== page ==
1916-1925 · v.p.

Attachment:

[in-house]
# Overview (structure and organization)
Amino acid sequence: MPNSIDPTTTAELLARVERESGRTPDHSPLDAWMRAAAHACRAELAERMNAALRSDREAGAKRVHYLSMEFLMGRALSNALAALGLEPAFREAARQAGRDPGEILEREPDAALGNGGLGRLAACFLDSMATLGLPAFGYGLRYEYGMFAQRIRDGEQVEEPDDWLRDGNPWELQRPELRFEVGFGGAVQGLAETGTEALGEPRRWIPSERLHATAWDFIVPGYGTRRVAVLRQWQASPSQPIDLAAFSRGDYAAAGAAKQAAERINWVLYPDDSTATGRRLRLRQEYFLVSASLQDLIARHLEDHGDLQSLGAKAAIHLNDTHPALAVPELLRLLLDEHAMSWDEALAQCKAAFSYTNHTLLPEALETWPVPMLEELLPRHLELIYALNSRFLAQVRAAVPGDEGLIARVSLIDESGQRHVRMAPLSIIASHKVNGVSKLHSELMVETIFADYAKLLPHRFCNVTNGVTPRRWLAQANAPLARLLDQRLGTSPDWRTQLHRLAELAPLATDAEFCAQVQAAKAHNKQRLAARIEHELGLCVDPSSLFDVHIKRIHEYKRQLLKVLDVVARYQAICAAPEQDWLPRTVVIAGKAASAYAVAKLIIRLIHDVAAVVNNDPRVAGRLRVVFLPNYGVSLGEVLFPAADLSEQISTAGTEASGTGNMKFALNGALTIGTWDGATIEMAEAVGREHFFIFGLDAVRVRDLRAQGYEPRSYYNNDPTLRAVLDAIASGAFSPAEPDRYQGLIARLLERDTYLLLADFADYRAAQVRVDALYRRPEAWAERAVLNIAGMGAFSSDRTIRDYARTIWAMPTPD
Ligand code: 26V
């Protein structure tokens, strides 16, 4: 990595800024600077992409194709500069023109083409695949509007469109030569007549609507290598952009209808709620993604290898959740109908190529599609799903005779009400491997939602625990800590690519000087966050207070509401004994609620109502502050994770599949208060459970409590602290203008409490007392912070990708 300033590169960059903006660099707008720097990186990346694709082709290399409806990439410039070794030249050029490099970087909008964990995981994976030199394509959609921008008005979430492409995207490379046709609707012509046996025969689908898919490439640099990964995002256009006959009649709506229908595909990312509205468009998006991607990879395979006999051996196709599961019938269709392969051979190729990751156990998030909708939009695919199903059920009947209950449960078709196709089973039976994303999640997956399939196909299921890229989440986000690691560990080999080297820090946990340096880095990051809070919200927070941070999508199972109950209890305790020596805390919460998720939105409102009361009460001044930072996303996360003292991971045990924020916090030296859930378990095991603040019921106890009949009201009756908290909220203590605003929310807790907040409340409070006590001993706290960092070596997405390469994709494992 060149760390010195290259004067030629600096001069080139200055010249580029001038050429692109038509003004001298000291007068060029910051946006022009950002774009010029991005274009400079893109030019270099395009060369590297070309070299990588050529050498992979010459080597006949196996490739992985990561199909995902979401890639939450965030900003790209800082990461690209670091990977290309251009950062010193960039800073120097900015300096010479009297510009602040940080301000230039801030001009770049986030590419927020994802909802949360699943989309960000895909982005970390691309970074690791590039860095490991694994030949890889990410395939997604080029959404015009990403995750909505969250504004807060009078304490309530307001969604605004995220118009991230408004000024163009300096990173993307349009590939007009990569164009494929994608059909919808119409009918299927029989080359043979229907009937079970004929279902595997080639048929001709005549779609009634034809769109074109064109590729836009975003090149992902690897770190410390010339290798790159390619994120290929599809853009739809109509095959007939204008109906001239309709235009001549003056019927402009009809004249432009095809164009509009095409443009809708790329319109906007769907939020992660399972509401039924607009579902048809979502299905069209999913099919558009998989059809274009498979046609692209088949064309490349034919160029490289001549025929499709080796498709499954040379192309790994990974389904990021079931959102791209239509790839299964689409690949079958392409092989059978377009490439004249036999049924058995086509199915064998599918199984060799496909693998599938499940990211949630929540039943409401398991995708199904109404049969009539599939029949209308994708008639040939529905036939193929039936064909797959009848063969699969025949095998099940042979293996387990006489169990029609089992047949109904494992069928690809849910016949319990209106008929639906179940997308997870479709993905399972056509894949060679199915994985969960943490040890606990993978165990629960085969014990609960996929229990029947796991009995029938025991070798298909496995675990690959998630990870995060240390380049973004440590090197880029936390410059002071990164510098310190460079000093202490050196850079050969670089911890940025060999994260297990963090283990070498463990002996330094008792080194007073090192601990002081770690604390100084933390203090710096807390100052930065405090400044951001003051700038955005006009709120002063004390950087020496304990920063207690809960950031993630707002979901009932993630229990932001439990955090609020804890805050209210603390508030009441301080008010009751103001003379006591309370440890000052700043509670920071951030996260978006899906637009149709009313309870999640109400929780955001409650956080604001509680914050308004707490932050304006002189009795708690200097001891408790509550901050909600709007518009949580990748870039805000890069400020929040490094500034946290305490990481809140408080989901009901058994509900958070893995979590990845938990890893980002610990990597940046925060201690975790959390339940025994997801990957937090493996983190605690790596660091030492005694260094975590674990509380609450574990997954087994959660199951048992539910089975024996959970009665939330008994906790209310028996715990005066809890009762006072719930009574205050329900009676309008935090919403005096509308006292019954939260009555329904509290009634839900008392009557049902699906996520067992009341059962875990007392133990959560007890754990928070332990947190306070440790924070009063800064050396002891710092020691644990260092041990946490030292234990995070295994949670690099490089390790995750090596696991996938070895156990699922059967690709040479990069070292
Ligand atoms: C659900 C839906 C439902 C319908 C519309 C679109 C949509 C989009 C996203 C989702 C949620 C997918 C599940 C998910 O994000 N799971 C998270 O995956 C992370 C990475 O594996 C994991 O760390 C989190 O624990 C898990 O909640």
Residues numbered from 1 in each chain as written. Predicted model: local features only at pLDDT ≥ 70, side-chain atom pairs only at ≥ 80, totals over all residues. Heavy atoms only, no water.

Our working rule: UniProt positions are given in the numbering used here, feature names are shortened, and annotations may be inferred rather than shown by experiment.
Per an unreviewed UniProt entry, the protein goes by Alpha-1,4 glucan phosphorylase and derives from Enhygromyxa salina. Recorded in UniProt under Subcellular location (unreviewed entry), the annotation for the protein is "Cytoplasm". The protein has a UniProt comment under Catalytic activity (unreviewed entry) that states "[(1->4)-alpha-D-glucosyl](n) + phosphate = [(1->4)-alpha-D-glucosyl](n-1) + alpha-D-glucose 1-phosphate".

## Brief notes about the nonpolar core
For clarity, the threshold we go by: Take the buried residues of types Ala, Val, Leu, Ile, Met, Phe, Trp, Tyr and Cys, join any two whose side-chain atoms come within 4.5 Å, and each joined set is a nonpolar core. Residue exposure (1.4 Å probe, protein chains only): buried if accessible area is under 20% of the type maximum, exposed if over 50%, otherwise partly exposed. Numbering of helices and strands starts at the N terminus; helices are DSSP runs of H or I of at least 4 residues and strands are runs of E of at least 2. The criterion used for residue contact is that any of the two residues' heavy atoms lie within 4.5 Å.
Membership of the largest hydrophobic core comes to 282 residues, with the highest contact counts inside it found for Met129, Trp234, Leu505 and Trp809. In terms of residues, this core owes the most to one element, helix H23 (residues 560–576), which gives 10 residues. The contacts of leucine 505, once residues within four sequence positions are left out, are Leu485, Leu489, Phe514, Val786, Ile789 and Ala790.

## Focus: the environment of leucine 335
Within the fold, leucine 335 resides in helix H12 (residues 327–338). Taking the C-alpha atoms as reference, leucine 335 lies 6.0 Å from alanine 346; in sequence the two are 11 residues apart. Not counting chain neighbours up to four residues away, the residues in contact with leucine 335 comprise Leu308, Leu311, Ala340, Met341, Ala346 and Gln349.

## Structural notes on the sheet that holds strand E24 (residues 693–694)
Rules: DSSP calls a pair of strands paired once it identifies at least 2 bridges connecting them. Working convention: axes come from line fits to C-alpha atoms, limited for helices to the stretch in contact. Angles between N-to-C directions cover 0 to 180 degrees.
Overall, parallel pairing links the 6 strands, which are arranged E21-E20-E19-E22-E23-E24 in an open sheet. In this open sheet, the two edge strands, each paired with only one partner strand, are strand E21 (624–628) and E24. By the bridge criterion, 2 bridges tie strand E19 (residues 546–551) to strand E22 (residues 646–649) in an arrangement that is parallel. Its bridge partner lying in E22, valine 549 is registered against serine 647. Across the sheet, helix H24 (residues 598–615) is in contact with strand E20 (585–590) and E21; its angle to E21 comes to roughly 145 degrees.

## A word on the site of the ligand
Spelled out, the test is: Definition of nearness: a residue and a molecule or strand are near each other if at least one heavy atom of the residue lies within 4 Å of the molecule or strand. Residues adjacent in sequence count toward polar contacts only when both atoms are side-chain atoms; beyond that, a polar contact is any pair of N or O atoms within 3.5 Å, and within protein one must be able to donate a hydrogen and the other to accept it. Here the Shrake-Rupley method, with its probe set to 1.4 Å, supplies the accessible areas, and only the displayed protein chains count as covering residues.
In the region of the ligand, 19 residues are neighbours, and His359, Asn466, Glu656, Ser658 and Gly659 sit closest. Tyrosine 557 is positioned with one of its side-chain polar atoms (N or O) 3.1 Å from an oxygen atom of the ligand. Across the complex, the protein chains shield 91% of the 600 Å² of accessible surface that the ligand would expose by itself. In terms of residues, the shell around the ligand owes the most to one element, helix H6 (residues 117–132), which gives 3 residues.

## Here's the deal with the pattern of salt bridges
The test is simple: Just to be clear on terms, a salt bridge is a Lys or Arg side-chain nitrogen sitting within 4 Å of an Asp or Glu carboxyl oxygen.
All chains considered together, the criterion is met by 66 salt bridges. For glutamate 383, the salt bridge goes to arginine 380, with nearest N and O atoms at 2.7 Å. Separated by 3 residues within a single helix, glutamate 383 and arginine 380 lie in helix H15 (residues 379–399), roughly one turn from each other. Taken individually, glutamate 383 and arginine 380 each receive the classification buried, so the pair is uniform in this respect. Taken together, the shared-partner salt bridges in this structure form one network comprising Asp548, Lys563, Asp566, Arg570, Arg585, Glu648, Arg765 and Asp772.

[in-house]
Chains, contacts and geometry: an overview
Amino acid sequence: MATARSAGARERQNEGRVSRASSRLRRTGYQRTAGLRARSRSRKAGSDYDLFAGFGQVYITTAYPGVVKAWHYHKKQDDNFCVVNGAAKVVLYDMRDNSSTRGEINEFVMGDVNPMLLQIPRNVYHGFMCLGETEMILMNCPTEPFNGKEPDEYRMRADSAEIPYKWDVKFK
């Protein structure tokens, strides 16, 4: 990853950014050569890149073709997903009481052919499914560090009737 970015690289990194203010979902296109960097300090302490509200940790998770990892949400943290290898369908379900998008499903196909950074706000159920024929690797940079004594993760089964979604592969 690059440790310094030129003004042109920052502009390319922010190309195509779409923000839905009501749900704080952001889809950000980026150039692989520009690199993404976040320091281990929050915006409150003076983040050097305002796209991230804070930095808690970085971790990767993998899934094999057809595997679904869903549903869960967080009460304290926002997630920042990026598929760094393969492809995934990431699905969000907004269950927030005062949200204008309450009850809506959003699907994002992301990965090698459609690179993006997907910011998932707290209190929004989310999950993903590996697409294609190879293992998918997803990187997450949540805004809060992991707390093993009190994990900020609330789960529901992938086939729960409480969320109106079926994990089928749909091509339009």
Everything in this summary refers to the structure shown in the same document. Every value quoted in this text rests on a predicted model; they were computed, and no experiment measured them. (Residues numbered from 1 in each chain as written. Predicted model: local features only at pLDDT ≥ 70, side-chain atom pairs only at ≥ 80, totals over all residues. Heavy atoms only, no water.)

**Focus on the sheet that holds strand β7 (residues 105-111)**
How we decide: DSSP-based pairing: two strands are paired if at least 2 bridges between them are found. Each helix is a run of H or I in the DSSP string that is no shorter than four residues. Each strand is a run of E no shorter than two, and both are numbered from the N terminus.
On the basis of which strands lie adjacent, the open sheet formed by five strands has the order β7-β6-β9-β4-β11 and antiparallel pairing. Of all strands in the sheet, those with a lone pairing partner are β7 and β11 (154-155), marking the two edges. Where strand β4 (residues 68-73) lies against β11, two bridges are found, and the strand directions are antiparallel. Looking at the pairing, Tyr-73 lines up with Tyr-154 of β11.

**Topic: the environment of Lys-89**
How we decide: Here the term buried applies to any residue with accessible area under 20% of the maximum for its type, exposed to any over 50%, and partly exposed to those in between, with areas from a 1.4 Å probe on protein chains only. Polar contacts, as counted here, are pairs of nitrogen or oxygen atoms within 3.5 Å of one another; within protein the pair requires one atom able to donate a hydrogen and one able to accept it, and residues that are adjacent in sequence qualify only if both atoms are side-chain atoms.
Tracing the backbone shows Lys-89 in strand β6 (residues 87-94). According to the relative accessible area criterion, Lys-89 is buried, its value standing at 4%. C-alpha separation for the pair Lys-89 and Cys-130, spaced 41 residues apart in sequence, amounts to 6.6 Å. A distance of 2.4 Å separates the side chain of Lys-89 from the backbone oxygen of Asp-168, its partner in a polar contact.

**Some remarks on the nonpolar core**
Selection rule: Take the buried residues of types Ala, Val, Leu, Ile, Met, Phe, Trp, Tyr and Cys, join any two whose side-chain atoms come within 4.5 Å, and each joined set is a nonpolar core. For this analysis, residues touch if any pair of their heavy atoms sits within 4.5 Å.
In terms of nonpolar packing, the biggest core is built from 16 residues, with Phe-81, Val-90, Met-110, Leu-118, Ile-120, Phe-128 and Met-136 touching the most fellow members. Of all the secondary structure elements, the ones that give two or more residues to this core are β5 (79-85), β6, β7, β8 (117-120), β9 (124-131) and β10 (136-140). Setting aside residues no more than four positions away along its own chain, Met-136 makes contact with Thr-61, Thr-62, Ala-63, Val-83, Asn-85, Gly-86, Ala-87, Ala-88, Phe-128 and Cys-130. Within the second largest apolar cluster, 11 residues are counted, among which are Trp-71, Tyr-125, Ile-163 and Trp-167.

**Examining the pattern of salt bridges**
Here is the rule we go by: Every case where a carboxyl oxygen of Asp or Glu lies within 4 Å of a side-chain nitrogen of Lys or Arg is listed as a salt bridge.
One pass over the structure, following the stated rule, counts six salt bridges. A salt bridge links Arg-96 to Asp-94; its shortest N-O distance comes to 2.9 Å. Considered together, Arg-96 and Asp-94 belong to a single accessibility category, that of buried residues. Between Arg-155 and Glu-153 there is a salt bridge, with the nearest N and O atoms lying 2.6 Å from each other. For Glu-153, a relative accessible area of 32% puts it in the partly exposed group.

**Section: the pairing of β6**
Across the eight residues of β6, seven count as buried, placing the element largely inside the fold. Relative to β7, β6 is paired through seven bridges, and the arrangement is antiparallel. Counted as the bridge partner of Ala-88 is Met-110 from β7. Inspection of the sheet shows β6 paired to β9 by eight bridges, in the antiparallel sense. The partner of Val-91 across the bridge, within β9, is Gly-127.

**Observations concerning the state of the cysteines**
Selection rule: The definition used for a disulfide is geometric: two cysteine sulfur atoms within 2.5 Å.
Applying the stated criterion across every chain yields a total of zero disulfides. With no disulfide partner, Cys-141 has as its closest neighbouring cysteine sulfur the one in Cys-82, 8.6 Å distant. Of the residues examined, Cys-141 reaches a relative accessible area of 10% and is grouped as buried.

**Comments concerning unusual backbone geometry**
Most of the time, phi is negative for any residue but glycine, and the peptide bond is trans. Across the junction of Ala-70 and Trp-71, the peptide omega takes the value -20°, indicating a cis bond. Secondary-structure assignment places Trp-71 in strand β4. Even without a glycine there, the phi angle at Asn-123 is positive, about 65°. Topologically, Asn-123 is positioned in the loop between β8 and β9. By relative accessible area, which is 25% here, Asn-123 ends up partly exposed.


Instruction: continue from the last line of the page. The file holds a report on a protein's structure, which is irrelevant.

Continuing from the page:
Sydenham (1848-1933) was a British army officer and colonial administrator who governed Bombay (1907-13) and Victoria (Australia) (1901-03), and served as Secretary of the Committee of Imperial Defence 1904-07. Most of the material here concerns issues (including the rise of Gandhi and his party) in India during the last decades of the British Raj and Lord Sydenham draws on his experience there to influence the House of Lords in an anti-Gandhi direction. He also tries to push them to suppress the rising Zionist cause in Palestine in the 1920s. The archive also provides an interesting look at the British response to the German submarine menace, including the sinking of passenger and other vessels, in 1916, prior to the U.S. entry into WWI. Lord Ss slow personal change from liberal views to the support of fascism is an interesting sidelight here, as well as the members of the House of Lords reactions to his vocal contributions in Parliament. ~~ Following are the contents of this archive. (1) . Indo-British Association, Ltd. The Interests of India: Minutes of Third Annual Meeting 25th June, 1920 .Ca. 9 ½ x 6. 10 pages + 2 blanks. Handwritten note on cover signed S. (for Sydenham). Most of the Minutes are dedicated to the text of a speech by the Associations President, Lord Sydenham of Combe. In 1919, the Government of India Act created a diarchy, or dual government, for the provinces of India consisting of a governor and executive council appointed by the Secretary of State. This seemed to bring representative government to India, but the Governor General could override any of the laws passed by the provincial councils. 1920 was the date of the first of these legislative council elections, but the Indian National Council, the voice of the non-cooperation non-violent movement spearheaded by Gandhi, called for an election boycott. In the speech recorded here, delivered just before the provincial elections, Association President Lord Sydenham of Combe, himself a former Governor of Bombay (1907-1913), says that the Associations work now should be spreading the truth about Indian conditions and upholding the rights of the helpless masses of the workers in India against the boycott, which was merely a concession to a very small minority using violent agitation and propaganda to try to rebel against British rule. He also criticizes the Hunter Committee Report on the Jalianwalbagh Amritsar violence in 1919, an investigation which concluded that the rebellion was not a pre-arranged conspiracy but rather rioting that turned into rebellion, and that it justified use of martial law. The report also reprimanded Brigadier General Reginald Dyer, and Sydenham here roundly supports Dyers actions in quelling the revolt. ~~ (2) 10 issues of the House of Lords Parliamentary Debates (Unrevised). Those labeled below as A and B concern WWI issues: the sinking of the British passenger ship Stephano by German submarine U-53, as well as a discussion on the exchange of civilian prisoners. Issues c, f, g i and j are concerned with issues and uprisings in colonial India; issues d and e focus on issues in Palestine; and h examines the possible threat of Soviet Missions (i.e. embassies, etc.) in Britain. ~ More details: (A) Vol. 23, #76, Oct. 26, 1916. 3 ½ of the 5 pages in this issue discuss the sinking of the Stephano near Lightship Nantucket in the U.S. Lord S. calls for further details to be released and, after noting Pres. Wilsons condemnation of Germany for the sinking of 7 ships since April, calls for a joint statement of condemnation by all the Allies. ~ (B) Vol. 23, #82, Nov. 15, 1916. 21 pages. In addition to a long discussion abut the exchange of civilian prisoners between the British and German Empires, in this issue, Lord S. reiterates his call for the Allies to issue a declaration re Germanys violation of international law in the form of the submarine menace and a 5-page discussion ensues. ~ (C) Vol. 45, #45, May 1921. 12 ½ pages re the defense of the North-West frontier of India— the only military frontier in the whole of the Empire--, and the danger now posed by local tribesmen, Afghanistan and a new kid of [post-Revolution] Russia. Lord S. emphasizes the need for better communication on the frontiers, including improved railways and roads, and notes the dangers posed by Afghanistan and the Jewish Government of Moscow. ~ (D) Vol. 45,, #49, June 8, 1921. Lord S. has questions re the situation in Palestine as exemplified by the recent riots in Jaffa, since there have been conflicting reports. He notes the rise in power of Zionist elements, including the expansion of the use of the Hebrew language, and mentions the dangers to British rule. Laid in is an unrelated news clip by Lord S. as a Letter to the Editor re failure of the strike and the dangers such threats pose to British industry. ~ (E) Vol. 45, #56, June 23, 1921. 29 pages, including a discussion re Englands responsibilities connected with territories administered by Great Britain under the Mandate of the League of Nations. Lord S. speaks at length about the Mesopotamia and Palestine and problems in both places. ~ (F) Vol. 45, #63, July 7, 1021. 19 pages, with Lord Ss questions about India occupying 6 of them. Lord S. asks what is being done to protect the lives and properties of Europeans and loyal Indians in the country districts of India, where anxiety prevails. He accuses Gandhi of fomenting anti-European feelings and notes that in some areas our women dare not go out without escort. He believes that Gandhis plan of making life impossible to Europeans in India is much more dangerous than and rising and hopes threat the British government realizes the growing gravity of the situation, comparing it to the unrest in Ireland, Egypt and in Palestine . Laid in is a reprint from Plain English (June 18, 1921) re the situation in Palestine and Lords Ss speech described above. ~ (G) Vol. 47, # 86, Oct. 25, 1921. 33 pages, all re India, with a handwritten note by Lord S. on the cover: This will give you [Goodrich] a true picture of India today. S. Lord Ss speech to the Lords is about events that have grown steadily more menacing in India, under the present Secretary of State, and he believes there has been a disastrous series of mistakes, illusions, concessions and impossible policies, which he goes on to describe. ~ (H) Vol. 60, #4, December 16, 1924,. 15 pp. 13 of the pages address the question of how many persons with various Soviet Missions have been admitted into this country since the conclusion of the Anglo-Russian Trade Agreement . Lord S. sees Soviet delegations in Britain being in violation of the Treaty through their spread of Bolshevist propaganda. ~ (I) Vol. 60, # 30, April 6, 1925. 12 ½ pp. A discussion re provincial services in India and addresses the issue of British public servants not mentioned in the Lee Commission Report. (This Report focused on the ethnic makeup of Indian public services and in a 1924 proposal, suggested that 40% be British, 40% recruited Indians and 20% Indians promoted from provincial services.) Lord S. speaks of the need for British supervision and guidance in order to avoid a minority group of Indians (i.e. Gandhis party) leading the country toward chaos. ~ (J) Vol. 62, #74, July 29, 1925. 35 pp. 4 pages are occupied by Lord Ss comments on the Indian Medical Services, which, he feels, have introduced Western medical methods and become one of the finest, perhaps the finest, public medical service ever created. Now, he believes, it is crumbling away and the government is sending out medical officers to serve there who dont know the language and culture and who are only assigned there temporarily. He says this is bad for both the European and Indian populations and contradicts the Lee Commission Report by stating that general control of any Civil Medical Service .of medical education and of medical research must be retained in the hands of the Imperial Government. ~~ Also, a 2-page statement by Lord S., 9 ½ x 6 ½ on heavy stock, re Imperial Conferences which began to be held in 1887. Lord S. notes the need for standing machinery working for the development of inter-Imperial trade and describes the need for the development of efficient and cheap methods of communication including shipping, cables, wireless and port facilities. He calls for the creation of a permanent Imperial Council to study communication methods. (Inventory #: 038095)